The women’s pantsuit has endured a turbulent history. Throughout the decades it’s had to wrestle, hustle and squeeze its way into the realm of acceptable women’s attire, driving against a tide of fierce opposition. But in many ways, the progress of pants has loosely mirrored the progress of women in general: as women gained a role in the workforce and the right to vote, their clothing choices eventually broadened. Nowadays, it’s hard to imagine that, in places like America, wearing trousers could have ever put a woman at risk of arrest.
And yet, even today, the pantsuit in some subtle way embodies women’s collective ambition to be considered as equal. So whether meant as a conscious act or not, it makes sense that it would grace on the runways at a time when women’s issues have been dominating the public conversation. In the wake of a new wave of female empowerment, taking tailored styles back to the street as well as the boardroom is a timely reminder that fashion is something we’ve fought for, and something that can free us.
The women’s suit for summer
This summer, the women’s suit is once again defiantly breaking out of corporate bounds. Lightweight fabrics like cotton and linen make it appropriate not only for the higher temperatures, but also for occasions like weekend brunches and resort getaways. Some designers, like Tibi, even created full pantsuits in dark denim, merging smart and casual into one versatile investment.
Colour-wise, classic black is never a bad idea, while neutrals, stripes, and heritage checks have also seen a revival this year. That said, if you really want to plant your pantsuit firmly in 2018, go for one of summer’s trending pastel tones like sorbet lemon or eggshell blue. Or, adventure into the purple end of the colour spectrum with pastel lilacs and lavenders – beyond a doubt the biggest colour trend of the season.
On the runways, Victoria Beckham led the pastel charge with a full lilac suit accompanied by minty suede pumps. Beckham’s silhouette was fresh and relaxed, with an oversized blazer balancing tapered, slim-cut pants. But pastels also breathe new life into formal styles, like the mannish yet sensual tuxedo-inspired looks at Ermanno Scervino.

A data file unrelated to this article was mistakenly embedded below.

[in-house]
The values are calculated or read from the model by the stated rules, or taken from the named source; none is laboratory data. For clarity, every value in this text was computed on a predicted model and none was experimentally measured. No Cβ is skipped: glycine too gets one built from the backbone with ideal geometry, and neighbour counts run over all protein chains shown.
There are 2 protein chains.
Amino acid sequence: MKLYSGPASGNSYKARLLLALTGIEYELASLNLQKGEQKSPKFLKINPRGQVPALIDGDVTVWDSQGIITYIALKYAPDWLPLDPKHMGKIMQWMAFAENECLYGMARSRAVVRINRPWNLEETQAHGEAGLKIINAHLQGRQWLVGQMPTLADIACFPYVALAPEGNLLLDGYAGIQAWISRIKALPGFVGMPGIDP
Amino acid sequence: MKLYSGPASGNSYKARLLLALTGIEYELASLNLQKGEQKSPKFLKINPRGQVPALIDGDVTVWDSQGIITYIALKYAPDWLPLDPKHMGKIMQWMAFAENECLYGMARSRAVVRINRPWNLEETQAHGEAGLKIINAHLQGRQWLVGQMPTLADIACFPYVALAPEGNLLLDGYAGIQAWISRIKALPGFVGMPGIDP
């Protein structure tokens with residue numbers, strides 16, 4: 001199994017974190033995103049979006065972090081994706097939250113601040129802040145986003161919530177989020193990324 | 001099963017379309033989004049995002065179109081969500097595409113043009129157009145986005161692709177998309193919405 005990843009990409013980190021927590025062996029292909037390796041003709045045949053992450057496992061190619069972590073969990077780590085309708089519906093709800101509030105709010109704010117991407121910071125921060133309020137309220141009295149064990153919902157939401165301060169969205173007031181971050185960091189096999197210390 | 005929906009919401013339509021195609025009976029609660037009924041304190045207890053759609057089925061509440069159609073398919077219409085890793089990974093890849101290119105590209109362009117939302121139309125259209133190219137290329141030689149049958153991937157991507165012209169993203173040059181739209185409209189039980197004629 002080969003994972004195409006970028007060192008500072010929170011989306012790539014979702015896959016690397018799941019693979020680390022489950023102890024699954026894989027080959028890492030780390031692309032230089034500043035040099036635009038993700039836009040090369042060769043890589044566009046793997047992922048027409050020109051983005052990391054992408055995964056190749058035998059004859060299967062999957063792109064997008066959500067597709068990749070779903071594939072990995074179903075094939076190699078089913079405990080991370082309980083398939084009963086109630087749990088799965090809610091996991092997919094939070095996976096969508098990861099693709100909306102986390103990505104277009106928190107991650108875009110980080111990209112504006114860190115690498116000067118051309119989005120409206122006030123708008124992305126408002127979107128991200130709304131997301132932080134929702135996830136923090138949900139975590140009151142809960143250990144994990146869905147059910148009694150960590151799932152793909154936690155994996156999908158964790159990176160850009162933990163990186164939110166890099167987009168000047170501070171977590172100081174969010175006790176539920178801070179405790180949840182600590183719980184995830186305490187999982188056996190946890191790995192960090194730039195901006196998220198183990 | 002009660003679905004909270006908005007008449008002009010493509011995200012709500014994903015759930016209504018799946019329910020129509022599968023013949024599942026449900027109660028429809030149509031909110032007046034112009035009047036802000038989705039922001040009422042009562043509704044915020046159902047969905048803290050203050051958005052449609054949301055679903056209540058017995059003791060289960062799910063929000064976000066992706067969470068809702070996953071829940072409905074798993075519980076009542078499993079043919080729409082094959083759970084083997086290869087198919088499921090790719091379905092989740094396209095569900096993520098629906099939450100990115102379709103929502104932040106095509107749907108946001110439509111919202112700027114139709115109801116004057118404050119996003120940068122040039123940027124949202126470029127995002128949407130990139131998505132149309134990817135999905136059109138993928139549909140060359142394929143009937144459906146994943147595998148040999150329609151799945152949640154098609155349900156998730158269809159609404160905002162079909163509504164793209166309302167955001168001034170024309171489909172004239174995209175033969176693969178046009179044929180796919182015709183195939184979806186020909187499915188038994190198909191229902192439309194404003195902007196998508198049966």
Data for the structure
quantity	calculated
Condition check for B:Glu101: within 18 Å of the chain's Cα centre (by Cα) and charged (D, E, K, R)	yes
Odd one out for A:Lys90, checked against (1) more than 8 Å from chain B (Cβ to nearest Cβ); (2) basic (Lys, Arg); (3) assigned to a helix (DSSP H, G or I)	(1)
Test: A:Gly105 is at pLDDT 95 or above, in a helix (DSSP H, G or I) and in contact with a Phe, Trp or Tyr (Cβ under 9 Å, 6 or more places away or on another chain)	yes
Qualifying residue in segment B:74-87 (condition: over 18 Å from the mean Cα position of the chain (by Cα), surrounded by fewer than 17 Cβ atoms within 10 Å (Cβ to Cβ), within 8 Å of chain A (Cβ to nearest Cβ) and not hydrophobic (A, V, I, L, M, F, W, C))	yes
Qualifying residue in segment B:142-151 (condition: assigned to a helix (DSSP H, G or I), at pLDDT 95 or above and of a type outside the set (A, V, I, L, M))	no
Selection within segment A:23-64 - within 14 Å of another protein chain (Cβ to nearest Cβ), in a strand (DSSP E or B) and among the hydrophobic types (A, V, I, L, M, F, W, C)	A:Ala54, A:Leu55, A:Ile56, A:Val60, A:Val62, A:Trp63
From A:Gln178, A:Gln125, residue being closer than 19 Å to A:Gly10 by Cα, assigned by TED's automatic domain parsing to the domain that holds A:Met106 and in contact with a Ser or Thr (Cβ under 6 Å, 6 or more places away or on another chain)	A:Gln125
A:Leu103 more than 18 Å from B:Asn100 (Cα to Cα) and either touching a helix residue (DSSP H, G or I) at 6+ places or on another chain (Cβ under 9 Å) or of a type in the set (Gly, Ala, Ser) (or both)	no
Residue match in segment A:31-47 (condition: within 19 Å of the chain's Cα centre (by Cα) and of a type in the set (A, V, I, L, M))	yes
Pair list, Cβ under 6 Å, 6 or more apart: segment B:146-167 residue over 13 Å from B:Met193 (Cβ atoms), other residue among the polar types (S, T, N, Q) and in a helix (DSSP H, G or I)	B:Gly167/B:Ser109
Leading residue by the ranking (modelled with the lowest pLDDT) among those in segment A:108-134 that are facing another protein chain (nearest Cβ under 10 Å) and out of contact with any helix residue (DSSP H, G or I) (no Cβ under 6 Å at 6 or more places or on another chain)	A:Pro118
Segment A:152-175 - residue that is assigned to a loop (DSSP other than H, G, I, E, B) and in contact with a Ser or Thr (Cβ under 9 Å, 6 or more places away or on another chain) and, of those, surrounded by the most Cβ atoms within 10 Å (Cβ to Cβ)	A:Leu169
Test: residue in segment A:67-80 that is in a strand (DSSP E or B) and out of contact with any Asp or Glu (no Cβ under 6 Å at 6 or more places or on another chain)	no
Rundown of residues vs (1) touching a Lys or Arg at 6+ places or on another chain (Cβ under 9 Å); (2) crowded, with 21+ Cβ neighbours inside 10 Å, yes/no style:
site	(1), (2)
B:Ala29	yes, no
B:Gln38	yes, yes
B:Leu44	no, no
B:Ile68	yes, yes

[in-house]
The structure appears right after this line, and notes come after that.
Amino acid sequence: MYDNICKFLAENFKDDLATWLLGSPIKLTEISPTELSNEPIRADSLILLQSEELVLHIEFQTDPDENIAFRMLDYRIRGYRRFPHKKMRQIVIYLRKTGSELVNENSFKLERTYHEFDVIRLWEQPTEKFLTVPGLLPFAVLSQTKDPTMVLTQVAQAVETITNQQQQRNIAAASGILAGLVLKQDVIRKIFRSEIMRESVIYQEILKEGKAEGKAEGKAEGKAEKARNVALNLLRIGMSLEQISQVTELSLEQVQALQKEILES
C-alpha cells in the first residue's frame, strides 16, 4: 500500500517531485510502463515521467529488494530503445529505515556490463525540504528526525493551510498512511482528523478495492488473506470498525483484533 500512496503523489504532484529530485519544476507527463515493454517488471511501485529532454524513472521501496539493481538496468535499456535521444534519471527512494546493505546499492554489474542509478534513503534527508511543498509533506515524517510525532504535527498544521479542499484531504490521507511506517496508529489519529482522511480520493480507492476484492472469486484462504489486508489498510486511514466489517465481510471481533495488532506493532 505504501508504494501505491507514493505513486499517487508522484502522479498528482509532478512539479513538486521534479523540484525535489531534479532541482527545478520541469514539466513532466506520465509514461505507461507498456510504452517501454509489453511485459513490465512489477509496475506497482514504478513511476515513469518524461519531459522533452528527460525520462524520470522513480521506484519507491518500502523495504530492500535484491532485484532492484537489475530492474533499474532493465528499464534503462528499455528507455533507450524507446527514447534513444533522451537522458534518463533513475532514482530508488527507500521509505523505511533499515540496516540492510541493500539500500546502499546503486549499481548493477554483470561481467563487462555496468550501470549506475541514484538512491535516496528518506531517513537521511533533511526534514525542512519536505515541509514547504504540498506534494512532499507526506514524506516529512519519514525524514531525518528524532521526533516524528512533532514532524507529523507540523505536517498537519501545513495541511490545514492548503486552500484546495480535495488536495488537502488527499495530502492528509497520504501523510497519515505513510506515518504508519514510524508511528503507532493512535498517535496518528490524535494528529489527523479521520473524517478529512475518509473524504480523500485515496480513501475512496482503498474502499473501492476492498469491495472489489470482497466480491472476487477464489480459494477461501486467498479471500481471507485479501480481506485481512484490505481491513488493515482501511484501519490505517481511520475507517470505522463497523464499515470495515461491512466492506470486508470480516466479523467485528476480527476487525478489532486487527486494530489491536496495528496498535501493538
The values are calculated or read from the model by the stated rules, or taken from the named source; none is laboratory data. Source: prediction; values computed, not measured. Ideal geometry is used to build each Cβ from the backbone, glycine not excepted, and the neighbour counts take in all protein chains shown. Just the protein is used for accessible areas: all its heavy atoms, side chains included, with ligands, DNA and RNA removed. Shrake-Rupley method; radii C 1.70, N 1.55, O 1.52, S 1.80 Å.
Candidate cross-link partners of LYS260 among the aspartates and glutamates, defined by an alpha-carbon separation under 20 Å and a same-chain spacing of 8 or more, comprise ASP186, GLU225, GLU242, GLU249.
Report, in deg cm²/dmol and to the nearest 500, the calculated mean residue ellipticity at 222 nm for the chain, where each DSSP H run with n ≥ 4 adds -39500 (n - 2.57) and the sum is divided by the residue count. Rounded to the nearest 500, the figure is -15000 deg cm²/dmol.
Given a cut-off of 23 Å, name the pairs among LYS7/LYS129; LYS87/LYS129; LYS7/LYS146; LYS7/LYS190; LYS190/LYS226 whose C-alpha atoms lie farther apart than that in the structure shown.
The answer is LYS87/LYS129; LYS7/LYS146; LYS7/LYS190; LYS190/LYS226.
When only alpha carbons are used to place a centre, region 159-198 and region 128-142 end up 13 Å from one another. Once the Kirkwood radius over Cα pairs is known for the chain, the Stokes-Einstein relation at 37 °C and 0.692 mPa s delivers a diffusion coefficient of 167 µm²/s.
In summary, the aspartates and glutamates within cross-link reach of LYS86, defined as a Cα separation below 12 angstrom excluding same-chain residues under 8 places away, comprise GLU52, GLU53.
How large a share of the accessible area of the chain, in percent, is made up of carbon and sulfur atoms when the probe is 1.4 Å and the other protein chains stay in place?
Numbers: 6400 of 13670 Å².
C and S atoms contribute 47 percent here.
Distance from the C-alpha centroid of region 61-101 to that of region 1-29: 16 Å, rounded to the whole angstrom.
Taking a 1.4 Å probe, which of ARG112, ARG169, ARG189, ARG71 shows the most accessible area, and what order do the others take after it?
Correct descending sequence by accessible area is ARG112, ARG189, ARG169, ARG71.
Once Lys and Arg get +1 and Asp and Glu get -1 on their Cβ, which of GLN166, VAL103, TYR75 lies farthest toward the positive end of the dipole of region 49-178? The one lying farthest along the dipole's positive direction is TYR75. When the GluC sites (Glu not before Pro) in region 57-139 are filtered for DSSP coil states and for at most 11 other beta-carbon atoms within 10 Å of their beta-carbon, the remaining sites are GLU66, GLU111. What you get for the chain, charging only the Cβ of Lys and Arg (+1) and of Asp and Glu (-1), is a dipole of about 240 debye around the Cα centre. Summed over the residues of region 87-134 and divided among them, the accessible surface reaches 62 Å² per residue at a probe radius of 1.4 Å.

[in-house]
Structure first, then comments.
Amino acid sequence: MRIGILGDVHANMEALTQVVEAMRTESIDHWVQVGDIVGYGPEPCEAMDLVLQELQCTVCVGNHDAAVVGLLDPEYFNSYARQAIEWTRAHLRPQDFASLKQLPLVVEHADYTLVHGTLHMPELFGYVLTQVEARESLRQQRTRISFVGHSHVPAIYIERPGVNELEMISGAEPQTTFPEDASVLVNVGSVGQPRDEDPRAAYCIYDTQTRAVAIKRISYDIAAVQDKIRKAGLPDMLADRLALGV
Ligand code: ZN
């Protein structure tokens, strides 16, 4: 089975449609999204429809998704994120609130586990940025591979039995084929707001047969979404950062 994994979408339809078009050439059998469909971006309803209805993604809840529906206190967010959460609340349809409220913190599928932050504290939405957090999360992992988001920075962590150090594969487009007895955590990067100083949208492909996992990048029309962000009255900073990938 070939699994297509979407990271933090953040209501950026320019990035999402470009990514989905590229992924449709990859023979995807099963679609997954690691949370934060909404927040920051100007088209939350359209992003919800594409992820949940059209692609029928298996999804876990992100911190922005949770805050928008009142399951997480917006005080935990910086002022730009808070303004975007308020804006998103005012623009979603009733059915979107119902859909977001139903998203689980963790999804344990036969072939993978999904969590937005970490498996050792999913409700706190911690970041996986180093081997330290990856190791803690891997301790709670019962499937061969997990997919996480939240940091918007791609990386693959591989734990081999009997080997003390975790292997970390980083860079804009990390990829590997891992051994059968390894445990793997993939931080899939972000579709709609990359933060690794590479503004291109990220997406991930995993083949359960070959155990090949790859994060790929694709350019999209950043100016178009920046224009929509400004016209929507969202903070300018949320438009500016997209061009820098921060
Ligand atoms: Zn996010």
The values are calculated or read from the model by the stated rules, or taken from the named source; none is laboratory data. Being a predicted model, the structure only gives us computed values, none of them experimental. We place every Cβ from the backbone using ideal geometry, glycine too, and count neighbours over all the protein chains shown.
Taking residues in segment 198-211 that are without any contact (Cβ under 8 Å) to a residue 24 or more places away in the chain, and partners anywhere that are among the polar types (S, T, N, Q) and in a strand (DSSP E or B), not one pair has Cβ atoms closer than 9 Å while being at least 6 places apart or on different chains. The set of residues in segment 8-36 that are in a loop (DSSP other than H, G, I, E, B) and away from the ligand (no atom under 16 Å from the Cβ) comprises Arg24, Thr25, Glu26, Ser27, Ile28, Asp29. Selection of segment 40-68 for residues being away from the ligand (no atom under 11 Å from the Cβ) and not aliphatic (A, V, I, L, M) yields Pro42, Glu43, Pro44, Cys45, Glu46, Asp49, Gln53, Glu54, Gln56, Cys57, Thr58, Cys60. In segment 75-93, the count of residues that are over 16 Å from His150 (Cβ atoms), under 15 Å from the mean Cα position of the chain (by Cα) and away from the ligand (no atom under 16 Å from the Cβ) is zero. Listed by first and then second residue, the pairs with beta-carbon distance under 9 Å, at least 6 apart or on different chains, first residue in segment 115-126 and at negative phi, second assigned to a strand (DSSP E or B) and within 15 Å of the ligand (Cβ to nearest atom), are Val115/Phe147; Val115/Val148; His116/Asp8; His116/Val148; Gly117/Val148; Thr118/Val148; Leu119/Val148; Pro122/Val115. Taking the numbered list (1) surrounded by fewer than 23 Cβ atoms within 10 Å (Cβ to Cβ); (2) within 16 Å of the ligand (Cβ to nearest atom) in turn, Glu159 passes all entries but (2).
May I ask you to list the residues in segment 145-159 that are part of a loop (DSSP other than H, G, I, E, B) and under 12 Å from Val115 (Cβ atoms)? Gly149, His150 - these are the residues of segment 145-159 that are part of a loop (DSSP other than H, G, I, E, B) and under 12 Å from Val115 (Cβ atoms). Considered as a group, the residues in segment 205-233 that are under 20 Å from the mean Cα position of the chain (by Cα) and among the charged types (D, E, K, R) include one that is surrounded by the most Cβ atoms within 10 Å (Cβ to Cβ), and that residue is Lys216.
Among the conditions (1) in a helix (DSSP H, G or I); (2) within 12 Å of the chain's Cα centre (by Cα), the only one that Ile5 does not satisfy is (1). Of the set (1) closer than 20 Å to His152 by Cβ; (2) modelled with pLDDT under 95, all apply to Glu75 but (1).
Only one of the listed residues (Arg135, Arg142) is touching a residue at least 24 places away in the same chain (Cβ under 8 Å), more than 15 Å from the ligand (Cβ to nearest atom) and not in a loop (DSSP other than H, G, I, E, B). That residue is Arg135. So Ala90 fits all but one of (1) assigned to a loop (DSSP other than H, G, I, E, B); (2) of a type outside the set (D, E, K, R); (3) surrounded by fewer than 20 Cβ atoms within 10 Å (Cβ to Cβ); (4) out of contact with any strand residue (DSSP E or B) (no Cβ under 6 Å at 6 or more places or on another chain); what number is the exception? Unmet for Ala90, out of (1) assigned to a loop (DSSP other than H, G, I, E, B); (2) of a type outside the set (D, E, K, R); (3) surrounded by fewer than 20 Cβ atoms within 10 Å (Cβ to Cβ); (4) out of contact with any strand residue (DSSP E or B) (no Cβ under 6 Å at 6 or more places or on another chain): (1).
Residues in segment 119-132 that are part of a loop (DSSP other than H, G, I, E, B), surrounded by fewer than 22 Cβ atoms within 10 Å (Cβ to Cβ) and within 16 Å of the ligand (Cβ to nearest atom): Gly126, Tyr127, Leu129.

Details also count when it comes to making your suited look stand out this summer. Scervino added rows of buttons down the sides of jackets and along the outer hem of trousers. Jason Wu went for pant-leg buttons as well, with ruching on jacket sleeves that gave a smart midnight suit a soft and feminine touch. Although these details aren’t mandatory, they do take it up a notch and abolish the need for accessorising. Suits like these simply speak for themselves.
Of course, the mood of any suit also comes down to how you style it. High-heeled pumps might be a workplace go-to, but they’re certainly not the only option. A pair of flat summer sandals instantly puts even the most disciplined tailoring at ease. For a laid-back yet sharp look, try classic leather Oxfords beneath a bare ankle – especially with a relaxed trouser cut. If you happen to nail a Katherine Hepburn vibe, all the better.
As for what to wear underneath your suit jacket, summer temperatures mean there’s no need to stick to button-up shirts (unless you want to). A perfectly cut pantsuit with a casual t-shirt makes for a cool twist. And for balmy evenings out, you can’t go past a sensual bare neckline (or at least the illusion of one, crafted with the wizardry of a scoop-necked camisole or bustier).
Day or night, a suited look is best accompanied by a clutch, or failing that, a small cross-body bag. The magic of tailoring is how it sits on the body, and heavy straps on shoulders are like mischievous imps, constantly tugging and twisting everything out of place. Everything else – from jewellery to belts to wide-brimmed straw summer hats – comes down to your personal taste. After all, the power of the suit is in the freedom to choose if, when, and how you wear it.
Summer tailoring for men
The pantsuit for women may be historically rooted in a kind of defiance, but that’s no reason to overlook its continued importance to men’s fashion. A well-cut suit for men is never out of style: what changes are the silhouettes, the details and the conditions within which it is worn. This summer, men’s suits span the spectrum, from timeless and traditional Italian tailoring to relaxed modern updates. This fact itself offers a kind of liberty for men, as it affords them more room for self-expression — even when dressing for work or an evening affair.
So how to give your suit a modern work-over this summer? According to the runways, blurring the lines between formal and casual is one way to go. Case in point: suits at Zegna paired with tennis shoes, or at Haider Ackermann worn with rolled-up sleeves and flip-flops.
Another playful runway trend to take inspiration from is prints. Hawaiian shirts are a particular favourite this summer, and can be worn under a tailored jacket as a guaranteed way to liven up a look. If surfer prints are too out-there, try florals or abstract prints in lightweight fabrics.
Finally, don’t be fooled into thinking that delicate pastel hues are just for the ladies: some of summer’s most striking men’s suits also defy established gender rules by embracing baby pinks and lavenders. And, in a world where equality counts, that’s a defiance worth celebrating.